This is a tachometer for a diesel engine in which there is no tach pulse available because there is no spark ignition system. Instead, a pulse is taken off the "tach" output of the alternator (simply a wire connected into one of the three stator windings.)
This is an example of using the CCP (Capture-Compare-Pwm) module within a PIC. This module is set to capture mode in which the value of Timer1 is captured on every rising edge of the 16F628 CCP1 input (pin 9.) Because Timer1 is increments once per microsecond (4MHz crystal,) pulse period in microseconds is simply the number of counts that is captured each time. Simple math then converts pulse period into RPMs. Using the CCP module to measure period is much better than counting pulses for some fraction of a second and then multiplying by some factor to get RPM's, which would mean that RPM's would jump by some rather coarse increment.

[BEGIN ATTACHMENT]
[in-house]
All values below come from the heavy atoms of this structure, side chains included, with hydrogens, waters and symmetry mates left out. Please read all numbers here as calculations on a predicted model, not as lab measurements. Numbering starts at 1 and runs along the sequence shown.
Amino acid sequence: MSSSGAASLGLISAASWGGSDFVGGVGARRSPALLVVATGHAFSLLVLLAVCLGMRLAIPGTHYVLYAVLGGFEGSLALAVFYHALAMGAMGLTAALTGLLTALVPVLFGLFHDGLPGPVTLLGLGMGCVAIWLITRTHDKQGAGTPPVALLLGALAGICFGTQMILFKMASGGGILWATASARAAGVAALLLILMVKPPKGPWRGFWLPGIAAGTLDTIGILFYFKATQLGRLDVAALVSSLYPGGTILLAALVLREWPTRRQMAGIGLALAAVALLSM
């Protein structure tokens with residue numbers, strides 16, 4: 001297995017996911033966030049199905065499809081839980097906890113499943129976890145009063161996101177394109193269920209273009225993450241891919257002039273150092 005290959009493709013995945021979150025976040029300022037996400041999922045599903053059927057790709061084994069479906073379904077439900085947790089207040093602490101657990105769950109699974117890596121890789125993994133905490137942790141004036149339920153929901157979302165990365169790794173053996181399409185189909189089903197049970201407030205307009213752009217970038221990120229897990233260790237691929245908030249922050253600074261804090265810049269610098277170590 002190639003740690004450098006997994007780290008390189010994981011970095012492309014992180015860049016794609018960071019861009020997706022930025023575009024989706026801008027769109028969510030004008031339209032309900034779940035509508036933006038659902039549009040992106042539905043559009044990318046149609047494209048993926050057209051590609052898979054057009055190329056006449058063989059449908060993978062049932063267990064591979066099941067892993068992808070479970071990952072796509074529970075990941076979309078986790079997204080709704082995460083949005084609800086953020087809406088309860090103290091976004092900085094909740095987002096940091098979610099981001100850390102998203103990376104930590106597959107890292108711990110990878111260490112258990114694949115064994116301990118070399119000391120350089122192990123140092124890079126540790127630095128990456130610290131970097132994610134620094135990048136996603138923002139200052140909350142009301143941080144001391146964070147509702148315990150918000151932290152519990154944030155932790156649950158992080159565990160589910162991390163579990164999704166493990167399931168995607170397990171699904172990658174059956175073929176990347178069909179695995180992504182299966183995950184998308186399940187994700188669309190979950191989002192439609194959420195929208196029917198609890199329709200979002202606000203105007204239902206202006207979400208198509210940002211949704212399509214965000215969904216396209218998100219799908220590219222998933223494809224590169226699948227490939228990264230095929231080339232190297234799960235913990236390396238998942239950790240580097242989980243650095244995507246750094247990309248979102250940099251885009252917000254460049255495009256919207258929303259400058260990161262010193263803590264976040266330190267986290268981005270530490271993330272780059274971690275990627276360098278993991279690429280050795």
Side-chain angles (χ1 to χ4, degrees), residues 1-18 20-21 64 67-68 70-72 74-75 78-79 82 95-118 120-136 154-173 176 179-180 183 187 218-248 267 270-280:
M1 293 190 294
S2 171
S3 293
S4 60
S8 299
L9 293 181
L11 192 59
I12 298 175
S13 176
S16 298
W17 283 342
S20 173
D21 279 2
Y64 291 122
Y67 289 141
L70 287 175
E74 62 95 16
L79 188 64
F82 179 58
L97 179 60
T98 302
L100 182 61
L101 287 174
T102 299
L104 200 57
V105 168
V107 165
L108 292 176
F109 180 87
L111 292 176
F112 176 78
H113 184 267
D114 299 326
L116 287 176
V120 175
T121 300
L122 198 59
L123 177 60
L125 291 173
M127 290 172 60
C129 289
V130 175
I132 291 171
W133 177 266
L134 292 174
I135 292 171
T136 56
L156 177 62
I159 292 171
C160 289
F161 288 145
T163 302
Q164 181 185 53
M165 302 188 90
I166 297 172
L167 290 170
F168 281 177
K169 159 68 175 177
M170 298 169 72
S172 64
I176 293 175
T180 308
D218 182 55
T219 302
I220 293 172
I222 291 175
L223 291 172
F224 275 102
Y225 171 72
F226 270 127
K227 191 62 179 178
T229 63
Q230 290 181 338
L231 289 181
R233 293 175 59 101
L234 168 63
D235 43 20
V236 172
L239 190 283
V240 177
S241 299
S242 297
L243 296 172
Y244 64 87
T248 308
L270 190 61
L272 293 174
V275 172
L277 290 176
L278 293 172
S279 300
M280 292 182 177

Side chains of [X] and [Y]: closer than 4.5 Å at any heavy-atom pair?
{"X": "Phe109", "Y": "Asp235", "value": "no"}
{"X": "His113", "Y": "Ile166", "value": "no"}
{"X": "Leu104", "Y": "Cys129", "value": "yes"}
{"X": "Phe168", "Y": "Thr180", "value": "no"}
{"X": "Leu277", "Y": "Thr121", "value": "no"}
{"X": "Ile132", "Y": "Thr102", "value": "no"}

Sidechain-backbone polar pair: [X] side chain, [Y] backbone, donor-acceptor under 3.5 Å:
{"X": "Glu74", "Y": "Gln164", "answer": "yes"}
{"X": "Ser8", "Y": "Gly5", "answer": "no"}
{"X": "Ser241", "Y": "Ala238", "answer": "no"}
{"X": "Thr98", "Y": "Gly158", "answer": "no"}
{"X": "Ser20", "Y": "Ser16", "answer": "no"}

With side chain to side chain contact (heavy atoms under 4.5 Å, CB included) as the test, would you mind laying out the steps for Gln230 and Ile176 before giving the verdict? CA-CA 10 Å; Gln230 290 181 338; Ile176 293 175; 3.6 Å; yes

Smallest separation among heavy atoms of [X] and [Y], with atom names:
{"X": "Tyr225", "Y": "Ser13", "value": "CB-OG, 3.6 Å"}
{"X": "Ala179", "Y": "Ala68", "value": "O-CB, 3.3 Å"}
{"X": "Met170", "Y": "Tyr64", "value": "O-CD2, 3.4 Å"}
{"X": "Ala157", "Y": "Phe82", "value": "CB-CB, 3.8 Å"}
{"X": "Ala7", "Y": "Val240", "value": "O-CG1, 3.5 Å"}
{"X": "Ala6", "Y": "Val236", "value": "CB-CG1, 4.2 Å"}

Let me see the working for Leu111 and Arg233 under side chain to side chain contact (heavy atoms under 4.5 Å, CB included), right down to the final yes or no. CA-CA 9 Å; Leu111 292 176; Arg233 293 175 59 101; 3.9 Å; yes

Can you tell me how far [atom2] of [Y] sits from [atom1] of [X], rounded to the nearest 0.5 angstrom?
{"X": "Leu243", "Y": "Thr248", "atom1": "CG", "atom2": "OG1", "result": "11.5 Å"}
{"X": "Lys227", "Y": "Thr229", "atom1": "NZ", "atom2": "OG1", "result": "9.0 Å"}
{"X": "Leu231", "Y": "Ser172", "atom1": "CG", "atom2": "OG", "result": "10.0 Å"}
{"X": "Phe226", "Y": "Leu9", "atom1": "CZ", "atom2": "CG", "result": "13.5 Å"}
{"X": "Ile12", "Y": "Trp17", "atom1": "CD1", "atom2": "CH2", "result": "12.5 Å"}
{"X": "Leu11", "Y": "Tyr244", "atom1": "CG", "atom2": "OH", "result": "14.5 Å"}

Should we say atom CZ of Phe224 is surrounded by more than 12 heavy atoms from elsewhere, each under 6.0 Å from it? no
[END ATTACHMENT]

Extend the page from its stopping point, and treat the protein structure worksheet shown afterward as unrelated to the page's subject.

After examining the various ways to pick off an RPM signal from my diesel engine, I rejected the more difficult options of installing a magnetic or optical sensor on the crankshaft, and opted instead to pull the alternator apart and connect a wire into the three-phase delta-connected stator to bring out an AC signal.
The pulley ratio is "crank pulley diameter / alternator pulley diameter".
The number of "poles" in the alternator is the count of separate poles on the rotor. Each of the two halves of the rotor in my particular alternator has three fingers
Alternatively, one may buy a diesel alternator, such as the BS-29 at "The Battery Shack" in Florida. It's alternator terminal exhibits the following frequency/RPM response.
The single screen is illustrated above. If pulses become too slow, such as when the engine is off, "0 RPM" is displayed.
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